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Help with prop sizes and electric motors

Old 07-26-2012, 01:54 PM
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Top cop
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Default Help with prop sizes and electric motors



Can any one help me.. I am confussed ref prop sizes for different motors. I have a Hacker A30 10 XL in my wifes Trainer. I am using 3 cell lipos. What would be the best size for this motor and best run time.

How can I get a better understanding of props. ie what is ment 14 X 7 E

Can anyone give me any giudence in tese areas and or other electric motor info.

Thanks
Mark

Old 07-26-2012, 02:24 PM
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Sherv
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Default RE: Help with prop sizes and electric motors

to get your started


http://www.rc-airplane-world.com/propeller-size.html


and you need one of these

http://www.hobbyking.com/hobbyking/s..._Analyzer.html
Old 07-26-2012, 02:27 PM
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Default RE: Help with prop sizes and electric motors

'ie what is ment 14 X 7 E'

14" diameter prop, 7 is the pitch, and the 'E' designates 'Electric" prop. I use APC. the ones I use are smaller, but I always buy the 'E' prop. Hope this helps. Also, my LHS has props behind the counter, si there I would ask for a 14 x 7 E, and they give me what I would ask for. Hope this helps a little.
Old 07-26-2012, 11:31 PM
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Bozarth
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Default RE: Help with prop sizes and electric motors

ORIGINAL: NEW222

'ie what is ment 14 X 7 E'

14'' diameter prop, 7 is the pitch, and the 'E' designates 'Electric'' prop. I use APC. the ones I use are smaller, but I always buy the 'E' prop. Hope this helps. Also, my LHS has props behind the counter, si there I would ask for a 14 x 7 E, and they give me what I would ask for. Hope this helps a little.

"7 is the pitch" means geometrically (i.e. theoretically without considering other aerodynamic stuff) the prop would move forward 7" after one revolution. A 14x4 would geometrically only move 4" forward after one revolution. You can think of the pitch as gears in a car. The lower the gear, the more power, but less speed.

"E" props are less robust than non-electric props. Simply go to the hobby shop and compare the bulk and thickness of a normal 9x6 compared to an "E" 9x6. The electric version props are less robust because they are not designed to reach the rpms of props normally run on nitro burning engines. APC makes two versions of "E" props. One is for slow flight and one is more for speed. The SF versions are the least robust, while the E speed versions appear closer to the conventional nitro props.

Follow the prop recommendations of the motor manufacturer. If you pick a different prop, you need to measure the amps. Too aggressive of a propeller (too large of a diameter or too much pitch) will pull too many amps and damage the battery, speed control, motor, or all three. Unlike nitro engines, using a less aggressive propeller will not damage an electrical setup. Using a less aggressive prop for a given battery/motor combination will simply produce less power. Increasing prop diameter/pitch on an electric motor is like screwing the needle valve in on a nitro engine - just don't go to far.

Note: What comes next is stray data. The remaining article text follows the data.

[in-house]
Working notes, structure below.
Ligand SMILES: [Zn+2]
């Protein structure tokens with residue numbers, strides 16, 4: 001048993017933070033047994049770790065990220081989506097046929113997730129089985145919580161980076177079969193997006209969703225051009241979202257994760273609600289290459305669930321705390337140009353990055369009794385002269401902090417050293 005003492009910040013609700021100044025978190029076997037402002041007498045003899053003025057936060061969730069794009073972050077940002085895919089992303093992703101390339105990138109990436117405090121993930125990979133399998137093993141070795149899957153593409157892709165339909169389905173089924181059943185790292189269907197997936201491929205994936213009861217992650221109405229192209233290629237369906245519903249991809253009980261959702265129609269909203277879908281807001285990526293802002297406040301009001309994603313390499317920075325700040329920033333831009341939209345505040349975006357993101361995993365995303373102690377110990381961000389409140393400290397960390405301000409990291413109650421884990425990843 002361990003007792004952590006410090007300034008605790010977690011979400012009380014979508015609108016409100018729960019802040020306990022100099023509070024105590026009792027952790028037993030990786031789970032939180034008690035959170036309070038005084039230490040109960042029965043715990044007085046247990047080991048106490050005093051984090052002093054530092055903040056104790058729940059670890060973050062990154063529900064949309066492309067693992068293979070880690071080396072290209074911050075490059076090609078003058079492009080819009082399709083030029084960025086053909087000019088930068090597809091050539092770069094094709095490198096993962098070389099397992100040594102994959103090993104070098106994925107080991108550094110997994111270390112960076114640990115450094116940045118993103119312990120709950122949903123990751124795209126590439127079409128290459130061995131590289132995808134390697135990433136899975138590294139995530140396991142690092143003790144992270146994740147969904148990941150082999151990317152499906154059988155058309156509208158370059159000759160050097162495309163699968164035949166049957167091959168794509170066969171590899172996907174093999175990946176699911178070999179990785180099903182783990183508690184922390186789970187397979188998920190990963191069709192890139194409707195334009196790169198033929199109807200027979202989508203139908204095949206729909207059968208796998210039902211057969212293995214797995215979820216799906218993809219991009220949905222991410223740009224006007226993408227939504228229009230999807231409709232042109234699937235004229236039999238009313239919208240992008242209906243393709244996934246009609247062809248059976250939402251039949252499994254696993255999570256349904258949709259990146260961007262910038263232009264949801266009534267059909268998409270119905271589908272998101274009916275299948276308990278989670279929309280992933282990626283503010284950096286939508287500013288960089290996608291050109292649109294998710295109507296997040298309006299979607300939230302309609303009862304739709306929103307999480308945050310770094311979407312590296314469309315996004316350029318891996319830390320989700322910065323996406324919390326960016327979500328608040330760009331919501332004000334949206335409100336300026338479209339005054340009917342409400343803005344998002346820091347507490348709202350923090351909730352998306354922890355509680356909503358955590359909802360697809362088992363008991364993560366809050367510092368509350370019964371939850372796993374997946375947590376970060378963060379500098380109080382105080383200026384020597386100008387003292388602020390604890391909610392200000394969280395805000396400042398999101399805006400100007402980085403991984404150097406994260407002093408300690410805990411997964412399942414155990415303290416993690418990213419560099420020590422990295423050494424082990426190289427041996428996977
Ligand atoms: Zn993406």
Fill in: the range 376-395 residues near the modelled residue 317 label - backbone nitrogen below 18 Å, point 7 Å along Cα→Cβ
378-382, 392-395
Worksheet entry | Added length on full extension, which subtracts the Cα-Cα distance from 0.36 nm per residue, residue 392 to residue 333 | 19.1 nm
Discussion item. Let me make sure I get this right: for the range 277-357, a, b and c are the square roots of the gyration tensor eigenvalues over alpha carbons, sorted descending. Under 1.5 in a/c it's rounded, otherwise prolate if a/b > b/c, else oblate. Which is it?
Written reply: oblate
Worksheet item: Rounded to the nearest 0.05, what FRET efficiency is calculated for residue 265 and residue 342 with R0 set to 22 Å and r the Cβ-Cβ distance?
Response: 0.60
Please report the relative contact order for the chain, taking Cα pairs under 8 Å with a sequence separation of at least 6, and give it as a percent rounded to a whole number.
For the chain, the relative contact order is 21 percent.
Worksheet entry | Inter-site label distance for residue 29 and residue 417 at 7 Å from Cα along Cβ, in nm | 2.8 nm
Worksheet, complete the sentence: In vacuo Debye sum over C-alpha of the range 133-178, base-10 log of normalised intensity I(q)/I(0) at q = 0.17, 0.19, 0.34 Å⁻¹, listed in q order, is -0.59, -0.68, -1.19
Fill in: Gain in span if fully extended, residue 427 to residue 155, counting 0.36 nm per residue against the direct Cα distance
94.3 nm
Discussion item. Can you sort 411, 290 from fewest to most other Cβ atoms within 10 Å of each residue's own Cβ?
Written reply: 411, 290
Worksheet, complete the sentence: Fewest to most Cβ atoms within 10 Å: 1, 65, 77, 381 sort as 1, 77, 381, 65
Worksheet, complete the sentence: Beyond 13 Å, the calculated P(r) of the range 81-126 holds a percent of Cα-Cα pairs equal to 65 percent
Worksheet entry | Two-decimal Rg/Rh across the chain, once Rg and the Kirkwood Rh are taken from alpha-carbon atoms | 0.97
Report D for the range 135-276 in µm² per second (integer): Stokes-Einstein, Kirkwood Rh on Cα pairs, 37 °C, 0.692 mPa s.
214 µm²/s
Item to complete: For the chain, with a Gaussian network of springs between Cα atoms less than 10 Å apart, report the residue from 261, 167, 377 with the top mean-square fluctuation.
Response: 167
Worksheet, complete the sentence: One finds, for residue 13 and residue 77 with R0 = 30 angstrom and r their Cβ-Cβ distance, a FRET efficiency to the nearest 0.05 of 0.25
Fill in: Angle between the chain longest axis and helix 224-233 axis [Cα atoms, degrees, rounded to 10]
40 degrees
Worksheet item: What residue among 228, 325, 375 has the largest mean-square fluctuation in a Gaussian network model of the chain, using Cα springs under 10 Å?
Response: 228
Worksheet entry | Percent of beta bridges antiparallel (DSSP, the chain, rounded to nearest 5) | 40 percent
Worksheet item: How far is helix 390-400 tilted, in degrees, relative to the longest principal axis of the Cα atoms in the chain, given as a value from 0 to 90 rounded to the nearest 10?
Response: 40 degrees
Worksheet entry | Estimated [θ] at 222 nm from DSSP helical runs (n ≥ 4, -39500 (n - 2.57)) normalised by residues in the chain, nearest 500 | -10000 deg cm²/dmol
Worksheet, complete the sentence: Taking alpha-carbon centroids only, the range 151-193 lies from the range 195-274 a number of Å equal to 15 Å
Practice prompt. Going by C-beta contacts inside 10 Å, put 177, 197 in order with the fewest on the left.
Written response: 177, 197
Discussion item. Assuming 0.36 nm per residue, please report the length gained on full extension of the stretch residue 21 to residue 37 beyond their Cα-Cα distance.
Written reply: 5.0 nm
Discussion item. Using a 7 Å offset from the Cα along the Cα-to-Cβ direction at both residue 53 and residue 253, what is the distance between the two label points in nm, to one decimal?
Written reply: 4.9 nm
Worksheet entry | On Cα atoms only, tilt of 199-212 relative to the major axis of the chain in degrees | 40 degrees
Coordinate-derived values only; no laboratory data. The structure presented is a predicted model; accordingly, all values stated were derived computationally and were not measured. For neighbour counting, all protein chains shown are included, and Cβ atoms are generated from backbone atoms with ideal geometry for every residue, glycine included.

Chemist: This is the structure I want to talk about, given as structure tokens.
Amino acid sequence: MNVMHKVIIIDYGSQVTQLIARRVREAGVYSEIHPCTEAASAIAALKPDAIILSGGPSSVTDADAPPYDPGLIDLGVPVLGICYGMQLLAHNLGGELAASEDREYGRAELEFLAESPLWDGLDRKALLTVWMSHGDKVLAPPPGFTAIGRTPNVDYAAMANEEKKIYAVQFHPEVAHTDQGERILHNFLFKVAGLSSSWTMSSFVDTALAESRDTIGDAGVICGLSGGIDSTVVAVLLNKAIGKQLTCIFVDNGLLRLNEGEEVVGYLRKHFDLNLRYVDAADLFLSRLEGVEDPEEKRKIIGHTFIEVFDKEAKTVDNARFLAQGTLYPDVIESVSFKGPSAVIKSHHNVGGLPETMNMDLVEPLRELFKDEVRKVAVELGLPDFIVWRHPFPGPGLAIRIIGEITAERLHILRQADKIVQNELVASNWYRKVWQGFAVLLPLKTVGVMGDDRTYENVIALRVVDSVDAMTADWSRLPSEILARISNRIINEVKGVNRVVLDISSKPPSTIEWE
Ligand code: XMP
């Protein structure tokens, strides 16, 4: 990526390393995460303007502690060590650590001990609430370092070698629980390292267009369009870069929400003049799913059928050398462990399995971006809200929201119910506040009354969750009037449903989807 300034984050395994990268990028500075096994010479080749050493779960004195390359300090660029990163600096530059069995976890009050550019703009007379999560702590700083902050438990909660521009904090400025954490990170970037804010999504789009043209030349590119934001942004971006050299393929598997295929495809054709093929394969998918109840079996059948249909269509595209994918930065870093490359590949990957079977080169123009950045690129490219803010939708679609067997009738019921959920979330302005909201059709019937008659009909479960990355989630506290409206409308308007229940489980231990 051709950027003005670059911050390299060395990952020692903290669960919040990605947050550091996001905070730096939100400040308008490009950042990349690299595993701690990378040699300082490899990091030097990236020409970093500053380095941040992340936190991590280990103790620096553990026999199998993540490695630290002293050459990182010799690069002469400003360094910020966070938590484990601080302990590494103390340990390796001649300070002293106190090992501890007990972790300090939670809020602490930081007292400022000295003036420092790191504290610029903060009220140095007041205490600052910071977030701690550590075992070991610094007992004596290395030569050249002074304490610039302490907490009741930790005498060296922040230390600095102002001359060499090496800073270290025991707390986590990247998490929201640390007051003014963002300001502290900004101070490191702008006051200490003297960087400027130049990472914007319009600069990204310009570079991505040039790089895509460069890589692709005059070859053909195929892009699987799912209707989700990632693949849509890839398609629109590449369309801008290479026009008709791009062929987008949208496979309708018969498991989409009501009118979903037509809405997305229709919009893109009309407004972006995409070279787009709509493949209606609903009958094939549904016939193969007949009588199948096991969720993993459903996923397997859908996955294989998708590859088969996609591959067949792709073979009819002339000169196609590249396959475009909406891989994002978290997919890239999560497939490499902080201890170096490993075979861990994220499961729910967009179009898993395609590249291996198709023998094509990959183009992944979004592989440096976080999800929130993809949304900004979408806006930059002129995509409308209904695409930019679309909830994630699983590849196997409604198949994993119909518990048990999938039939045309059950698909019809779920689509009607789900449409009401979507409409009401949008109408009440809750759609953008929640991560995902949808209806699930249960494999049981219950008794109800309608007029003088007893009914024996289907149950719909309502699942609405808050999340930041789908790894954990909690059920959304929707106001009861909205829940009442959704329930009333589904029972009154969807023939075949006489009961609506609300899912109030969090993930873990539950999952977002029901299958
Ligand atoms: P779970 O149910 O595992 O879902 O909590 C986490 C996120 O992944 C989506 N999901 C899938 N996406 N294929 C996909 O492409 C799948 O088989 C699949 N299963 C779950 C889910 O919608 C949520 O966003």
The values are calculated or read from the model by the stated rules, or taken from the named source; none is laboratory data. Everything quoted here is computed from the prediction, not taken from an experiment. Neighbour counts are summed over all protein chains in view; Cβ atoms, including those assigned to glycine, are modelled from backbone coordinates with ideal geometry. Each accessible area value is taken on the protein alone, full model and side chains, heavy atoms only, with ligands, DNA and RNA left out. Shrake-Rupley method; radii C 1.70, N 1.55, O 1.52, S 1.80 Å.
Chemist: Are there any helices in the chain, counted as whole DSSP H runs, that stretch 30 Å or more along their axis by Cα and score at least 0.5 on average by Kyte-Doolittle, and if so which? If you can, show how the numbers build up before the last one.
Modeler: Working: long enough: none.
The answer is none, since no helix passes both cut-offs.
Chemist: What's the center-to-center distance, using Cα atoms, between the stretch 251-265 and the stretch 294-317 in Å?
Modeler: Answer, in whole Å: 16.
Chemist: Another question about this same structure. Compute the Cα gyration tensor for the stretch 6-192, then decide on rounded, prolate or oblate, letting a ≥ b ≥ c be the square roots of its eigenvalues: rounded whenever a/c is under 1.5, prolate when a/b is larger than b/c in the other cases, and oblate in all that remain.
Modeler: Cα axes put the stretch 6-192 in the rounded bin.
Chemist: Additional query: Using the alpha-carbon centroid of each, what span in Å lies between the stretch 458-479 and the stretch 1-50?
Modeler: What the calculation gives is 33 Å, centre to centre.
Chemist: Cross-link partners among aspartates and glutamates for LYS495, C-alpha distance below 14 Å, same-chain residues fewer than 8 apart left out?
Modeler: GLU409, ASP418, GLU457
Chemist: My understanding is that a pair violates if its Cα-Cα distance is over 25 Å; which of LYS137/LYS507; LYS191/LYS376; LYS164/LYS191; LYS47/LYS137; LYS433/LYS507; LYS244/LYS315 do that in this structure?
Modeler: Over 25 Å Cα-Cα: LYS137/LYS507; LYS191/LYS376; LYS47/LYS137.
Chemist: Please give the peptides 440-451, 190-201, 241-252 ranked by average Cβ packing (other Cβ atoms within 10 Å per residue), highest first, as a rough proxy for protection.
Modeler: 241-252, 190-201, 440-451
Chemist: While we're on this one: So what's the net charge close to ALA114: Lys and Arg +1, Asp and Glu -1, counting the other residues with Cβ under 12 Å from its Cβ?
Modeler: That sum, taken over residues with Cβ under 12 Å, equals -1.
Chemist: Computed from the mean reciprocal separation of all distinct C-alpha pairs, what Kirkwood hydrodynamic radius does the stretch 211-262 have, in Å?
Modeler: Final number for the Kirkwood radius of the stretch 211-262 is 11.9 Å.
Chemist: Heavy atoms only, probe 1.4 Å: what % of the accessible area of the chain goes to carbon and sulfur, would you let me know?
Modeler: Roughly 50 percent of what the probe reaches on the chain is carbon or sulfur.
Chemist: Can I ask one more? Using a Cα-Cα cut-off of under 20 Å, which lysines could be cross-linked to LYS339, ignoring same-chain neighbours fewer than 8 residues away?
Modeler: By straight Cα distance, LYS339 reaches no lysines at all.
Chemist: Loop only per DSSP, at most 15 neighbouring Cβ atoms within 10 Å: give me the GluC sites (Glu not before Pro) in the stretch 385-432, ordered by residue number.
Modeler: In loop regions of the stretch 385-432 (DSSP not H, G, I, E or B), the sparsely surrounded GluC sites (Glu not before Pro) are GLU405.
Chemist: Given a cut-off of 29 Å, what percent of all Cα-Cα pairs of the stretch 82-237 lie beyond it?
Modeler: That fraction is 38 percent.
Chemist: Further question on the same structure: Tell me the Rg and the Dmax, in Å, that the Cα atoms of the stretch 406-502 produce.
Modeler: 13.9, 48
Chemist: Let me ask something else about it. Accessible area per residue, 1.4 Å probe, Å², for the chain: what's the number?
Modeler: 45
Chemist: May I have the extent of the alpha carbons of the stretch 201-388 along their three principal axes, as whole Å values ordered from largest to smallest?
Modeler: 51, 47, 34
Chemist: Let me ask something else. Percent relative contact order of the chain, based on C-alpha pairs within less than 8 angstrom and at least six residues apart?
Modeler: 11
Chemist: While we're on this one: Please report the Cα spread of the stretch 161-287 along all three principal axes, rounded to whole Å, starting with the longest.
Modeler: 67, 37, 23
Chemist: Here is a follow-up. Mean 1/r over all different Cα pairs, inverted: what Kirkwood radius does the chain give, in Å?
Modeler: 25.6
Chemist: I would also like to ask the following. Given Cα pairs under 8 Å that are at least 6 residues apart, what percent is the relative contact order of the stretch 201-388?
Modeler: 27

Old 07-27-2012, 02:13 AM
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Sherv
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Default RE: Help with prop sizes and electric motors

I have found the APC E props (non slow fly) to be more aggressively pitched, sturdy, and insanely sharp compared to the slow fly versions. I got lucky the other day where my finger got caught in the prop of a new build and it had a flexible slow fly prop. If it was my Advance 25 e's prop (APC 11x8 E)... I couldn't imagine the dmg it would have done.
Old 07-27-2012, 02:56 AM
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Default RE: Help with prop sizes and electric motors

G'day

I think you will find that E type props are lighter and thinner than Glo type props because glow engines give a big torque thump to the prop every second rotation for four strokes and every rotation for two strokes where as electric props give smaller torque thumps many times per rotation. As a result, the electric motor is "kinder" to the prop than an internal combustion (IC) engine is.

Electric props do tend to be very sharp but so do small IC props. The worst cut I have ever managed to give myself was with an APC 6 x 3 IC prop on a 0.8cc diesel engine. It took quite a chunk out of my finger which just brushed the end of the prop with the engine in full song. I suspect electric props will do this and better too.

The big thing with electric props is to not use one which is too large. The motor will try to turn it and draw excess current and may destroy its self and/or the ESC. I always test my motor/prop/ESC combinations with an inline AMP meter. The Turnigy 130 from HK works well and is quite cheap. I put on a prop that I think will do the job and measure its effect on the motor current draw and go smaller or larger depending on what I measure.

Cheers

Mike in Oz

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